Cersei’s flamboyantly melodramatic but hideously cruel act of vengeance for her daughter’s death at Ellaria’s hands was shocking but it was part of a long pattern of doing what it necessary to get ahead and stay ahead, the kin of willful abuse of power that history has shown time and again works well in the shortterm but does not make for long, enduring dynasties.
Still, as Daenerys showed, no one is thinking longterm here, and as long as no one believes in magic, dragons (OK, maybe a little bit) and White Walkers, the great game of ultimately useless realpolitik will continue until the last living person is a snow-flecked shambling member of the Night King’s undead.
The shining light of great humanity once again belonged to the lovely, selfless Samwell Tarly (John Bradley) who cured Ser Jorah Mormont (Iain Glen) and got punished, though praised too, by the Grand Maester (Jim Broadbent) for his troubles.
Ah well he saved a life while everyone else was taking some so points to him for holding on to his humanity while most of the rest of Westeros lost theirs in ways large and small; may the White Walkers spare him!
In the next episode, “The Spoils of War”, which leads you to suspect no one is playing peaceful and kum ba yah-ish just yet, if at all, there’s gold, dragons, well-worn looks and, yep, no more clever plans …
And here’s a Game of Thrones virgin explaining what this episode really means. It’s brilliantly entertaining, and actually oddly illuminating (source: Laughing Squid)
With season 7 of Game of Thrones mere nanoseconds away from kicking off – a slight bit of hyperbole but after waiting so long, it does feel like that – Michael Tucker aka Lessons From a Screenplay arrives with a timely look at the way HBO’s ratings juggernauts frames its narratives for maximum effect.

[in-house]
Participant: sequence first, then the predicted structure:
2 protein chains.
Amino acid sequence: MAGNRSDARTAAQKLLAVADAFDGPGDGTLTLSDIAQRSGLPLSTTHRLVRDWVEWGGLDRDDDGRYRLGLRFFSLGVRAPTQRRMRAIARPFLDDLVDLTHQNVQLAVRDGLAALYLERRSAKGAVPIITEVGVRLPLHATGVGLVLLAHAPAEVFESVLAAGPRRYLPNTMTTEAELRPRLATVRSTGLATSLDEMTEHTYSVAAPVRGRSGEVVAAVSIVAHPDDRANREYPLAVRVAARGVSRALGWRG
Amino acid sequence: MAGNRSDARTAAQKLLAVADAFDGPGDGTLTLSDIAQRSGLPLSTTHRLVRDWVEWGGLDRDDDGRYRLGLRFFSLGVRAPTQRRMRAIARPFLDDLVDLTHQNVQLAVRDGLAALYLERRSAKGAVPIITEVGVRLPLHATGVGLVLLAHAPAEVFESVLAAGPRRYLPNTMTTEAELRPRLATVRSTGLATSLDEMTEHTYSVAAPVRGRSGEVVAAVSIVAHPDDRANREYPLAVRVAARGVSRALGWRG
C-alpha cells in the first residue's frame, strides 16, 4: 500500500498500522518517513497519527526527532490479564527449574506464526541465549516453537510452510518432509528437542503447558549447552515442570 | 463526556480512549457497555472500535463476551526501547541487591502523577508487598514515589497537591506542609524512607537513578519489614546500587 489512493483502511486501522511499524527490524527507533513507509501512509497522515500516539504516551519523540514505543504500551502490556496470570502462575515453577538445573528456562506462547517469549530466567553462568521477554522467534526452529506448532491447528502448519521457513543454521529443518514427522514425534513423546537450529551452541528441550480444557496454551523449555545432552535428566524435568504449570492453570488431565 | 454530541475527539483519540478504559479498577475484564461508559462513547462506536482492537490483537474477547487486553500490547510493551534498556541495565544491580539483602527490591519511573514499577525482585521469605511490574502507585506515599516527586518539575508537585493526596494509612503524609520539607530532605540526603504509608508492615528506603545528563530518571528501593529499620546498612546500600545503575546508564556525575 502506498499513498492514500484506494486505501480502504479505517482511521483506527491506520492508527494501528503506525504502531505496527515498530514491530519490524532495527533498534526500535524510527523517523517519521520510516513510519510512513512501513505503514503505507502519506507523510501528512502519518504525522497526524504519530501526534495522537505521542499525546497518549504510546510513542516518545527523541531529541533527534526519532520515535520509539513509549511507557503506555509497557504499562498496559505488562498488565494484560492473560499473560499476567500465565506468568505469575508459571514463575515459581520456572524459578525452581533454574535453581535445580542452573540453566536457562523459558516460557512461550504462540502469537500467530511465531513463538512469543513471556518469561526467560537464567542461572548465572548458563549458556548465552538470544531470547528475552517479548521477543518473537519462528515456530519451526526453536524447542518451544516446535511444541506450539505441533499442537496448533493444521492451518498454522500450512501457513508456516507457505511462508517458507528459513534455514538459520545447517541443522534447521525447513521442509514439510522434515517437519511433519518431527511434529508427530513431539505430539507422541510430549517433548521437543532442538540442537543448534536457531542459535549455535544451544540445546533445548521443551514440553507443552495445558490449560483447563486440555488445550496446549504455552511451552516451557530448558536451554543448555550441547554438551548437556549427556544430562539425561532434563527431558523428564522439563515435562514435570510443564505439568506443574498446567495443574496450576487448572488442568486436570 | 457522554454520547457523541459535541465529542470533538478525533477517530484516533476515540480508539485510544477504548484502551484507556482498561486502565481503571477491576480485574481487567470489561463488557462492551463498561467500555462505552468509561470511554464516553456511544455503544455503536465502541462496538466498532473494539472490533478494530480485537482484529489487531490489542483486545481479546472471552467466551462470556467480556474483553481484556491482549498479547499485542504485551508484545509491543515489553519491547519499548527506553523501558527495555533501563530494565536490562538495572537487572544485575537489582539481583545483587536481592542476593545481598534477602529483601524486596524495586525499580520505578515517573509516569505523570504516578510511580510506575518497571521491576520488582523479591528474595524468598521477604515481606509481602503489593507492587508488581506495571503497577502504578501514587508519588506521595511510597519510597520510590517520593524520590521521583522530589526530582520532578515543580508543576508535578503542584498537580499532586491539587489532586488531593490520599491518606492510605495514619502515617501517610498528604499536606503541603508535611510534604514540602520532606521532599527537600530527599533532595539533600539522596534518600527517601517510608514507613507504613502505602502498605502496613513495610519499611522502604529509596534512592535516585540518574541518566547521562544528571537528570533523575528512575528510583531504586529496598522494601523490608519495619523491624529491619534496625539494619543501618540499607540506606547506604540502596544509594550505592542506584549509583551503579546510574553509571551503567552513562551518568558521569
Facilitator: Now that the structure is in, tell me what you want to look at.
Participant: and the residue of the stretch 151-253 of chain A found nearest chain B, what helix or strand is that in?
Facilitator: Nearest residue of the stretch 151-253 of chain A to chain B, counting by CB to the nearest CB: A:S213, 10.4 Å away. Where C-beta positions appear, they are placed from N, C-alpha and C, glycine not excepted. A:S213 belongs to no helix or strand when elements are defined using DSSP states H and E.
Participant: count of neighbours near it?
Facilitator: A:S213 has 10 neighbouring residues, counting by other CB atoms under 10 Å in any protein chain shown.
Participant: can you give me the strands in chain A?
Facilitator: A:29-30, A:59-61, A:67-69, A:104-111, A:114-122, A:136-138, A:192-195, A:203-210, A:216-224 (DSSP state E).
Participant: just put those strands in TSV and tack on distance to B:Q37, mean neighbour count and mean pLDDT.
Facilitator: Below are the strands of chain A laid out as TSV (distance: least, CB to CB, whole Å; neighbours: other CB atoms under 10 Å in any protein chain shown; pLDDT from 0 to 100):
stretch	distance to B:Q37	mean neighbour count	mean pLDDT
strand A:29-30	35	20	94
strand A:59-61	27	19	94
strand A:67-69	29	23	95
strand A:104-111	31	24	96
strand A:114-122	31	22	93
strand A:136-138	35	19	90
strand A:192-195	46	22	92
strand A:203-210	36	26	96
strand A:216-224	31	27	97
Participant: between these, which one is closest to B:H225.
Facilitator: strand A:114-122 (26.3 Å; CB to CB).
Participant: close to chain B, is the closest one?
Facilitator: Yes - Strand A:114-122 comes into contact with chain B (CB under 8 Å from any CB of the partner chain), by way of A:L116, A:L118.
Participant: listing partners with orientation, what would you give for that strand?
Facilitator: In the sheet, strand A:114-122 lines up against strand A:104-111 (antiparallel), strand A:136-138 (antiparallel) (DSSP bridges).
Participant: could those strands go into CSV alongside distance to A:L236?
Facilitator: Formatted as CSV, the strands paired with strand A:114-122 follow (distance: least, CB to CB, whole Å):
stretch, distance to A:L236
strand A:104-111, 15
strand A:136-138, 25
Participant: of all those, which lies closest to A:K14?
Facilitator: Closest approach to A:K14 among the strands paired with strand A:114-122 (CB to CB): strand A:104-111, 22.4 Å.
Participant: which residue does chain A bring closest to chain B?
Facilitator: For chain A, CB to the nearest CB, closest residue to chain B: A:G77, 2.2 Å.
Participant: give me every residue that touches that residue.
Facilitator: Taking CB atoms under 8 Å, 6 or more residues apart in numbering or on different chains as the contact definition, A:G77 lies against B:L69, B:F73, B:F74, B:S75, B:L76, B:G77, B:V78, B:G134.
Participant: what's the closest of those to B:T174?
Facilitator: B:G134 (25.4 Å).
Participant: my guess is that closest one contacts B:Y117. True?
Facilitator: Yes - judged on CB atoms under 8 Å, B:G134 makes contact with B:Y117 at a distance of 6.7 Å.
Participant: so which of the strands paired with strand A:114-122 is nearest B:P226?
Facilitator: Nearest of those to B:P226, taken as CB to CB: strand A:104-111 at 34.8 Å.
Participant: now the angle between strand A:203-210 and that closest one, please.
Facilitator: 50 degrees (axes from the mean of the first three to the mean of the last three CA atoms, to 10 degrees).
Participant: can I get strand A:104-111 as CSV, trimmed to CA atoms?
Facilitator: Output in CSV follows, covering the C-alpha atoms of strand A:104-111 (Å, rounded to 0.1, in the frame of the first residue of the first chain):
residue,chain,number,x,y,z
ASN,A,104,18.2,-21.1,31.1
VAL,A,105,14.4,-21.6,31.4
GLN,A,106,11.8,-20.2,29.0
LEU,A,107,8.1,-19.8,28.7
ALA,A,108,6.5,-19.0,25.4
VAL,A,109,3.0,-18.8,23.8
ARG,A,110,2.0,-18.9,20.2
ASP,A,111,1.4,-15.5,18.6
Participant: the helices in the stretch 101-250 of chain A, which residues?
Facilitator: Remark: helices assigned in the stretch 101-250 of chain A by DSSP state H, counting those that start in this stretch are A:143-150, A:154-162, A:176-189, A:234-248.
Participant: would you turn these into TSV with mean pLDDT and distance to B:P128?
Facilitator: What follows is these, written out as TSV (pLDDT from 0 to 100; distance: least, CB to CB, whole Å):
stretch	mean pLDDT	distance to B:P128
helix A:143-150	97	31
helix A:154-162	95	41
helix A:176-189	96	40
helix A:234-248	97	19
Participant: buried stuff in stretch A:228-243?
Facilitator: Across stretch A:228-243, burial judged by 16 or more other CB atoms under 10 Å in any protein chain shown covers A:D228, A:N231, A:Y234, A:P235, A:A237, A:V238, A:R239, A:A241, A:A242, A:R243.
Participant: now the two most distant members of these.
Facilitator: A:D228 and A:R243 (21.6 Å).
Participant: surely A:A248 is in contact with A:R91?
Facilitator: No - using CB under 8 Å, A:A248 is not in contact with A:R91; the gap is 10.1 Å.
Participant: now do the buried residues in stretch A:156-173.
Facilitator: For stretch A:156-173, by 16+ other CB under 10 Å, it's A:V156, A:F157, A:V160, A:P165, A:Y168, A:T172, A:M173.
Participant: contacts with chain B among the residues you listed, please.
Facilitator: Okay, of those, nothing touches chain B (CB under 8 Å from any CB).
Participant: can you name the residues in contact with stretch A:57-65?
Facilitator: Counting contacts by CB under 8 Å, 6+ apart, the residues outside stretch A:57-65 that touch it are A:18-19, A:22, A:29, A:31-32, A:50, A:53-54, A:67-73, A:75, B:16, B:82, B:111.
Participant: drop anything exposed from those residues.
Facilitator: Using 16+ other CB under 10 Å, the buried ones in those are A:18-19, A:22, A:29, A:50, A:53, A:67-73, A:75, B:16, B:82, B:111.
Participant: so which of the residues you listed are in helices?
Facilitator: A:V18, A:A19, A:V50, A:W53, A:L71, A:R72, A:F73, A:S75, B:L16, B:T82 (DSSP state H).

Using the storytelling lessons of Robert McKee’s Story, which says that “a scene is unified around desire, action, conflict and change“, Tucker expertly dissects a number of key scenes from Game of Thrones, including the epic 23 minute long Battle of the Bastards which sees Jon Snow (Kit Harrington) and Ramsay Bolton (Iwan Rheon), illustrating in the process how this most complex of shows skillfully uses the most simple of narrative devices to powerful effect.
In doing so, he underscores why this show is so successful – it’s not just epic for epic’s sake, a mistake made by many hollow modern blockbusters; rather, it employs great characters in extraordinary situations well-told where there are real issues at stake.
This creates a deep and compelling emotional resonance that invests people in the fate of the characters, and ultimately, the show itself.
But hey don’t take my word for it since Michael Tucker, who you can sponsor via Patreon, does it so much better.